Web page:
82.1 mm h−1, 2057.6±399.7 mm h−1, 130.7±8.2, 3.8± 0.8 h, 66.2±10.6 min and 20.0±5.3 min, respectively), but smaller TLM (109.4±20.5 min), than those of S. psam-mophila(172.1±34.5 mL, 367.3±91.1 mm h−1, 1132.2± 214.3 mm h−1, 101.6±10.4, 3.4±0.9 h, 54.8±11.7 min, 13.5±17.2 min and 120.5±22.1 min, respectively; Table 3). During the 54 events, no negative values were observed for TLG and TLM, but they were observed for TLE. This indi-cated that stemflow generally initiated and maximized after rain started for both species. However, stemflow might end before (negative TLE) and after (positive TLE) rain ceased.

Stemflow synchronized well with rain with similar inten-sity peak shapes, amounts and positions for both species. These results were vividly demonstrated at representative rain events with different intensity peak amounts and RAs, including events on 17 July (Event A – 20.7 mm), 29 July (Event B – 7.3 mm) and 10 September 2015 (Event C – 13.3 mm; Fig. 4). C. korshinskii had larger FR100 values

(91.7, 76.1 and 94.0, respectively) than those of S. psam-mophila(32.8, 26.3 and 43.7, respectively) during represen-tative events. This indicated a comparatively greater ability of converging rain forC. korshinskiiwithin events.

Stemflow variables differed between rainfall event cate-gories. For Event C, in comparison with Event A and B,S. psammophilahad significantly larger SFV (435.2 vs. 102.6 and 145.7 mL), SFD (8.3 vs. 1.2 and 3.4 h), TLM (235.8 vs. 64.3 and 93.4 min) and FR (129.1 vs. 77.1 and 91.4) and non-significantly larger TLE (20.8 vs. 17.1 and 8.6 min) but sig-nificantly smaller SFI (246.6 vs. 648.1 and 421.5 mm h−1) and SFI10 (888.4 vs. 1672.7 and 1582.8 mm h−1),

(7)
[image:7.612.157.439.86.256.2]

Table 2.Rainfall characteristics during events with different intensity peak amounts.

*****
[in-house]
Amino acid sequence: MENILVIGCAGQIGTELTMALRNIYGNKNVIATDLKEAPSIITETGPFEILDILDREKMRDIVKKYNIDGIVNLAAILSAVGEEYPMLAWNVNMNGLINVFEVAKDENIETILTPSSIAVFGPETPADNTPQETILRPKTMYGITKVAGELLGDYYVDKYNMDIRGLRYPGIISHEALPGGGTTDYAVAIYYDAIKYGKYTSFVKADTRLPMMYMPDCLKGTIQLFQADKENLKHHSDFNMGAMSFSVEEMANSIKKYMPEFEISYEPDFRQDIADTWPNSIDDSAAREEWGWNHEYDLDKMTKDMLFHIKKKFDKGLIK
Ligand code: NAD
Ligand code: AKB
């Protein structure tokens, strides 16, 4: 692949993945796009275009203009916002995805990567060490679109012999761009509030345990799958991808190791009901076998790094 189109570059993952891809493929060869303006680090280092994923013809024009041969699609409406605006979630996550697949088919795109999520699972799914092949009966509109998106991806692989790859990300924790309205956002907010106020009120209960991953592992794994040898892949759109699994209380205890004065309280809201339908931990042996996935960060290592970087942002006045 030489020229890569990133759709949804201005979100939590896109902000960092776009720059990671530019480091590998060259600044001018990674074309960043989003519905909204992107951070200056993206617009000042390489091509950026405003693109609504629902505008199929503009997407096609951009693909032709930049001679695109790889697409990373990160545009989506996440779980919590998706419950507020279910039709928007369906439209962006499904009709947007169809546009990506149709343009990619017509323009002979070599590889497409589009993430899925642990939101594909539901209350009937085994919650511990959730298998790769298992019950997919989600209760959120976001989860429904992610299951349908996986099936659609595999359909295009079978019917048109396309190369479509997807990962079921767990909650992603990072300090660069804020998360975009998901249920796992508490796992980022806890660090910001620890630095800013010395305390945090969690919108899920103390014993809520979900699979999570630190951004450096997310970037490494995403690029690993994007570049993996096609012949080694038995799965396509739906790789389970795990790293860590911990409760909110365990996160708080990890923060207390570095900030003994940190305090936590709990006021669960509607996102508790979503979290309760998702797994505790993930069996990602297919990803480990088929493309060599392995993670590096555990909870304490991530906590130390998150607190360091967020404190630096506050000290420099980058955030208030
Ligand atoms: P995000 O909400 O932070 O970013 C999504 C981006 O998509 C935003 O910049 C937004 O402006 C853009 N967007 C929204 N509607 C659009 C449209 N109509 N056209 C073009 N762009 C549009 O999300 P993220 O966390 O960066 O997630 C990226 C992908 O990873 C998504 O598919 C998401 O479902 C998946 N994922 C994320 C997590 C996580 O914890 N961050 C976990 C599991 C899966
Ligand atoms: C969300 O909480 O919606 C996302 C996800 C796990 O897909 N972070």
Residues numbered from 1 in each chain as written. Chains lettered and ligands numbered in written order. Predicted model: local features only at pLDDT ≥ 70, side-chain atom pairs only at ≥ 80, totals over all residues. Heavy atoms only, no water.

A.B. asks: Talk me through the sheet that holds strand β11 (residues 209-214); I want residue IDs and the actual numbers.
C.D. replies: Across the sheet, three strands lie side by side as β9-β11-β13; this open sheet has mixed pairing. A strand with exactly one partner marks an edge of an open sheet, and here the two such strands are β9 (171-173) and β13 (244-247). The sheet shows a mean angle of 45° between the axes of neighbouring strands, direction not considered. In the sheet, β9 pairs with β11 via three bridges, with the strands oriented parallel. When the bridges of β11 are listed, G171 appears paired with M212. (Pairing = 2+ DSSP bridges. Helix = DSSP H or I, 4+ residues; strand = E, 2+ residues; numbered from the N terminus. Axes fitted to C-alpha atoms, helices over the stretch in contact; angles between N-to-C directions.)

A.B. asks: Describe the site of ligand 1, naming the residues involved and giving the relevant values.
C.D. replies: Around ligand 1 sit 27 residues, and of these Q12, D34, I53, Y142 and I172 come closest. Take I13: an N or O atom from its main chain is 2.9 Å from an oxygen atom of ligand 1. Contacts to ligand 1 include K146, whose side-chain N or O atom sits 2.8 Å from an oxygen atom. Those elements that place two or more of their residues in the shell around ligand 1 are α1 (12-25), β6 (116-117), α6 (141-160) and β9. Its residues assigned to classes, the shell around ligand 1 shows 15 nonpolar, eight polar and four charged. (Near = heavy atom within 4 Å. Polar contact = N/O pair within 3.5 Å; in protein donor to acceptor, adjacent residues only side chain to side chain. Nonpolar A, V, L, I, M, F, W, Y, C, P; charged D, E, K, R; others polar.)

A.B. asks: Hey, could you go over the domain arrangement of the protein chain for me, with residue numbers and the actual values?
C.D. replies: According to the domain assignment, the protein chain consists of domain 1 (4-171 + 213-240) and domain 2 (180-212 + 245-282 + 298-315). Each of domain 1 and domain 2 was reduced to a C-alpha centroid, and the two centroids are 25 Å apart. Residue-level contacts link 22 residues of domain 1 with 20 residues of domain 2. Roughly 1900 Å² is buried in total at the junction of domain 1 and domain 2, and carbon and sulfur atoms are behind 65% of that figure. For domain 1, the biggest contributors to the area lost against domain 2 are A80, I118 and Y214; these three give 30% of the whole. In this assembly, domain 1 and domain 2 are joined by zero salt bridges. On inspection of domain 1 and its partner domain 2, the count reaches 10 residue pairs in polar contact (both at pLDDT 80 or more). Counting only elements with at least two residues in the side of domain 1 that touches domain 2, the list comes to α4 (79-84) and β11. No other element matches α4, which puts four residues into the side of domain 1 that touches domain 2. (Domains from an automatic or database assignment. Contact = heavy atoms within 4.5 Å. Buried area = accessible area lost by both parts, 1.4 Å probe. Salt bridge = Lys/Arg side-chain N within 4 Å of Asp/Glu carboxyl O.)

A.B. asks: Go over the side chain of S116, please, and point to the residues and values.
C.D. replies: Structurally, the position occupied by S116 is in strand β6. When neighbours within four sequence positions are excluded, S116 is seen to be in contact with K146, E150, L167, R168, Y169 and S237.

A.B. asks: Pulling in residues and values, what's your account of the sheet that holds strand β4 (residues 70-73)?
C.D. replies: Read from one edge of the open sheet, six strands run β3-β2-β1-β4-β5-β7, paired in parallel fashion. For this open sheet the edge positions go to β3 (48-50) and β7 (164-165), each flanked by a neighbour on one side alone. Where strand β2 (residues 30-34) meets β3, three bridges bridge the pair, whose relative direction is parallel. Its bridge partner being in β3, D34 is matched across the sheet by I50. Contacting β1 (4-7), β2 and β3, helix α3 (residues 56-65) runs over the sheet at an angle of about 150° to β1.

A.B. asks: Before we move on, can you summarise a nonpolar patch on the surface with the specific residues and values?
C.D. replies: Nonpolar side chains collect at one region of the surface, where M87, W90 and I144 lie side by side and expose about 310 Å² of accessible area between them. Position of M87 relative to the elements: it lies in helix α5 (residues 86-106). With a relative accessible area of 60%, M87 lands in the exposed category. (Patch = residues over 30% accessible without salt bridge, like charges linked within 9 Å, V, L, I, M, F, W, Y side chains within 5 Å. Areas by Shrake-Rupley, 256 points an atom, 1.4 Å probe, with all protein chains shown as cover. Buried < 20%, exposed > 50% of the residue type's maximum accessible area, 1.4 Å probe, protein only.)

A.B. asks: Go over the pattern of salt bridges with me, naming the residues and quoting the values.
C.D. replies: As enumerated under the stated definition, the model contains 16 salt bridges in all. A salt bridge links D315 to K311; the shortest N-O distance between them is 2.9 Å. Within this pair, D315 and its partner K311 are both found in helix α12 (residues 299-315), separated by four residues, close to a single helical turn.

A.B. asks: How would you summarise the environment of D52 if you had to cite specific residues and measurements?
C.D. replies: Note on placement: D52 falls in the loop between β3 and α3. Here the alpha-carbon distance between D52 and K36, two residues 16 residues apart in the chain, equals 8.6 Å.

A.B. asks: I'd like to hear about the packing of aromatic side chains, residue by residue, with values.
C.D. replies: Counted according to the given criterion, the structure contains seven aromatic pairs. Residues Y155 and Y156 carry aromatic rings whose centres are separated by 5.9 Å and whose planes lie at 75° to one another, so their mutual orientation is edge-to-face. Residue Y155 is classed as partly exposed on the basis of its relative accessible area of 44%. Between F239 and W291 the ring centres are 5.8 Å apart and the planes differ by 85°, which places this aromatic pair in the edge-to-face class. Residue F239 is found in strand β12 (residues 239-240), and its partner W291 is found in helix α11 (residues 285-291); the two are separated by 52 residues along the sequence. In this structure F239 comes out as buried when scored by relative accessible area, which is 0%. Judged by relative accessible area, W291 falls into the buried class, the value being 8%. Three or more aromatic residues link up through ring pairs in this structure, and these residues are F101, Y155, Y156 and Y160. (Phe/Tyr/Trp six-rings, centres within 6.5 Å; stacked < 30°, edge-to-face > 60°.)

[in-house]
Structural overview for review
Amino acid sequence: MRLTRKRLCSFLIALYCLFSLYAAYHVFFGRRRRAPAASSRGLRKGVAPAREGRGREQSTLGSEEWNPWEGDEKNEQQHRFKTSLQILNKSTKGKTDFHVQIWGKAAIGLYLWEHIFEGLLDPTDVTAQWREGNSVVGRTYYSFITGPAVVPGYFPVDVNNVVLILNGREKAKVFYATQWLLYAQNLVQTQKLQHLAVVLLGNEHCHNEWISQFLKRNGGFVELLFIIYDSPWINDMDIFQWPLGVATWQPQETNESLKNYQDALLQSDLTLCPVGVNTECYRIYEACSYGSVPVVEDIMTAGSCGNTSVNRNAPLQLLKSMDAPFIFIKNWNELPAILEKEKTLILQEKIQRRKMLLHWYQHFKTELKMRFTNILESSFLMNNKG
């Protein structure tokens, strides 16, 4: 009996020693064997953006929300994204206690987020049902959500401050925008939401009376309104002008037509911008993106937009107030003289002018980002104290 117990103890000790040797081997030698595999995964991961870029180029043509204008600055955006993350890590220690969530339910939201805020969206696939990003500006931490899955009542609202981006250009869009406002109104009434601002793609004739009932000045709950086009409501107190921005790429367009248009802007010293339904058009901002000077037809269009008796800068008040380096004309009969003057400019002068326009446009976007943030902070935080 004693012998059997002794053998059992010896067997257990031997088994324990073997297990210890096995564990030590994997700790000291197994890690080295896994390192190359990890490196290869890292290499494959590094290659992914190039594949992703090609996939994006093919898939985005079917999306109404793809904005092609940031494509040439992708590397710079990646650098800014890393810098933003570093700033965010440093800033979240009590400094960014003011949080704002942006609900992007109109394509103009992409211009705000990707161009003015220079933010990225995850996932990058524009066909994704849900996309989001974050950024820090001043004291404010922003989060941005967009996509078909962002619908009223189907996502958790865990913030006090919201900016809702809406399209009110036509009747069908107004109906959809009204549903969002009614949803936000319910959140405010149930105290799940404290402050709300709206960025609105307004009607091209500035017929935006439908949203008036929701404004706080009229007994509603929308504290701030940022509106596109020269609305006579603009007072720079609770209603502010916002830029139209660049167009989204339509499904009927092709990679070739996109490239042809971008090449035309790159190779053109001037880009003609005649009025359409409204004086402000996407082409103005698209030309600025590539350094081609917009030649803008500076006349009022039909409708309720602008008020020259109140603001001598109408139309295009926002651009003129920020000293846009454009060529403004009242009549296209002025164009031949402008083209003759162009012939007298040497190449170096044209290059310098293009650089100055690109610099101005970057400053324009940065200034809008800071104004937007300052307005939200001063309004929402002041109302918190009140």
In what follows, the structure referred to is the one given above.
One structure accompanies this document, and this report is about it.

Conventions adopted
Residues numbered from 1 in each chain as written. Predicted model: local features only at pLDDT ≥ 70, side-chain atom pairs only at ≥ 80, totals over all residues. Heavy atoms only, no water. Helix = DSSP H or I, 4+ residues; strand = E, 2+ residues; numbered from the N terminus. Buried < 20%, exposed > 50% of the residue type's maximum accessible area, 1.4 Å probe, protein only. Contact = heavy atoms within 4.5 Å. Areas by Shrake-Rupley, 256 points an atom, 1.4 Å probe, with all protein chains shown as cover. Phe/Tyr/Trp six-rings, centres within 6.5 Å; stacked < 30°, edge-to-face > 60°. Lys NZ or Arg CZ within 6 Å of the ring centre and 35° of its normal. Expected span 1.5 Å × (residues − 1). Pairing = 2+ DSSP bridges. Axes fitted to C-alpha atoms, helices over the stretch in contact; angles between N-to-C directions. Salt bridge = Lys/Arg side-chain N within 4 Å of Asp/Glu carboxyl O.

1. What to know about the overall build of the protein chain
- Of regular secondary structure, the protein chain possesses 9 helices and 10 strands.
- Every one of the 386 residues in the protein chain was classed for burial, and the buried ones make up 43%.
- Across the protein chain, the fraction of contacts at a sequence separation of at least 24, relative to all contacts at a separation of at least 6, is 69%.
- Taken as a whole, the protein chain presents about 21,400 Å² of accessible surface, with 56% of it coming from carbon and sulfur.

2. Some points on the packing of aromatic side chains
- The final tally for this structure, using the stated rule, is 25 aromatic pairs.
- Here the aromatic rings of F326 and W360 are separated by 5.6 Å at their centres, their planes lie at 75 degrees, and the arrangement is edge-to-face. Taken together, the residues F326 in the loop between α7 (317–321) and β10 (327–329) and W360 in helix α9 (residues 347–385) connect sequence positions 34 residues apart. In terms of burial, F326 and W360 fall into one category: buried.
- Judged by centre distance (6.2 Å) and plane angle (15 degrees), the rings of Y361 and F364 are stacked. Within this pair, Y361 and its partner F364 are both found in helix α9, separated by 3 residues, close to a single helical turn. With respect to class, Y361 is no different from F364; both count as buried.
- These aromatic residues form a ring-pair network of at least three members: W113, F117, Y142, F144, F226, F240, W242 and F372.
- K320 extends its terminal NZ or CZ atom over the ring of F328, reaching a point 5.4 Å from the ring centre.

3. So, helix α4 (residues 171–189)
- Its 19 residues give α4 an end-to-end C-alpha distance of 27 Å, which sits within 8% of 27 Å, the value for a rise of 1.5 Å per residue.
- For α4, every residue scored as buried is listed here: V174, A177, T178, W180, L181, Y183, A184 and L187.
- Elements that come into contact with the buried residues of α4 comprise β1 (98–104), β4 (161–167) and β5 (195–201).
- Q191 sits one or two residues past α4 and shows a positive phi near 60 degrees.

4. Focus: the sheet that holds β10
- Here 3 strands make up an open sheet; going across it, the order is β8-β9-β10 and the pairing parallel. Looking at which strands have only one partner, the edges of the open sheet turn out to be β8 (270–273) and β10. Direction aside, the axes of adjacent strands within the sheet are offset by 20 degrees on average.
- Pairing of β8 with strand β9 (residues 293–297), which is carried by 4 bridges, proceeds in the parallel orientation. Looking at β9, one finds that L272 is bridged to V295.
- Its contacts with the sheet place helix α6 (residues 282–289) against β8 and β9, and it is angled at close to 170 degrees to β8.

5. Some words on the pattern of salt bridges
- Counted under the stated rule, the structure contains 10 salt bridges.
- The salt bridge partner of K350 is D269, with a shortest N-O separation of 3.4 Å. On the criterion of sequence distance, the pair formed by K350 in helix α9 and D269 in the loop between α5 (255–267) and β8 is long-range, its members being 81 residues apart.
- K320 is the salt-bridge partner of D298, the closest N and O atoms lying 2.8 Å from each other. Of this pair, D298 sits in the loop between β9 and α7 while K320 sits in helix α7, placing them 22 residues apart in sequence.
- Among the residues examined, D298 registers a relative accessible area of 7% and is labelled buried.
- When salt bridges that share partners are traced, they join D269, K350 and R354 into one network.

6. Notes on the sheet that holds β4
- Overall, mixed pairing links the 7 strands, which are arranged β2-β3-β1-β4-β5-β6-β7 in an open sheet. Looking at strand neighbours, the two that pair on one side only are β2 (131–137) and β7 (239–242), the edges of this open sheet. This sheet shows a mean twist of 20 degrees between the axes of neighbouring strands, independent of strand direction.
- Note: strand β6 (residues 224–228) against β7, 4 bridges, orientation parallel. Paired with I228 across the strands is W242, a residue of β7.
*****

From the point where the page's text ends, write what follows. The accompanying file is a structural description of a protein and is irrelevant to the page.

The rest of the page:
Indicators Event A Event B Event C Others Average

Event amount 17 11 15 11 13.5±1.5

RA (mm) 4.1ab 5.2b 11.7c 0.6a 5.4±0.9

RD (h) 2.5a 3.6a 10.3b 2.2a 4.7±0.8

RI (h) 48.5ab 70.5b 57.3ab 26.1a 50.6±6.1

I(mm h−1) 5.6a 5.5a 4.6a 2.2b 4.5±1.0

I10(mm h−1) 15.5a 12.7ab 9.5b 6.0c 10.9±2.1

Ib10(mm h−1) 7.7a 9.9a 2.8b 1.6b 5.5±1.4

Ie10(mm h−1) 4.3a 3.6a 2.1ab 1.2b 2.8±0.7

F(mg m s−1) 17.1a 17.6a 17.2a 12.5b 16.1±1.2

F10(mg m s−1) 27.8a 26.6a 24.2ab 21.0b 24.9±1.4

Fb10(mg m s−1) 19.7ab 21.7a 15.4b 16.9b 18.4±1.4

Fe10(mg m s−1) 17.3a 16.6a 13.4b 16.8a 16.0±1.0

E(unitless) 0.9ab 1.0ab 0.4a 1.7b 0.9±0.2

Note: Event A, Event B and Event C are events with the single, double and multiple rainfall intensity peaks, respectively. Others are the events that excluded from the categorization. RA, RD and RI are rainfall amount, duration and interval, respectively.IandI10are the average and 10 min maximum

rainfall intensities, respectively.Ib10andIe10are the average rainfall intensities in 10 min after rain

begins and before rain ends, respectively.FandF10are the average and 10 min maximum raindrop

momentums, respectively.Fb10andFe10are the average raindrop momentums in 10 min after rain

begins and before rain ends, respectively.Eis evaporation coefficient. Different letters indicate significant differences of rainfall characteristics between event categories (p< 0.05; rows at the table).

Figure 2.Inter-event variations in rainfall characteristics during the experimental period.

which might partly explain the increasing trend of FR from Event A to C;C. korshinskiishared similar changing trends of stemflow variables between event categories with those of S. psammophila, except for the non-significantly smaller TLE (18.5 min) at Event C, in contrast to TLE at Event A and B (22.3 and 18.7 min).

The funneling ratio and stemflow intensity were nega-tively related to branch size. C. korshinskii and S. psam-mophila had significantly greater FR, SFI and SFI10 at the

5–10 mm branches than those at the larger branches (Ta-ble 4). For C. korshinskii, FR decreased from 163.7±12.2 at the 5–10 mm branches to 97.7±9.2 at the 18–25 mm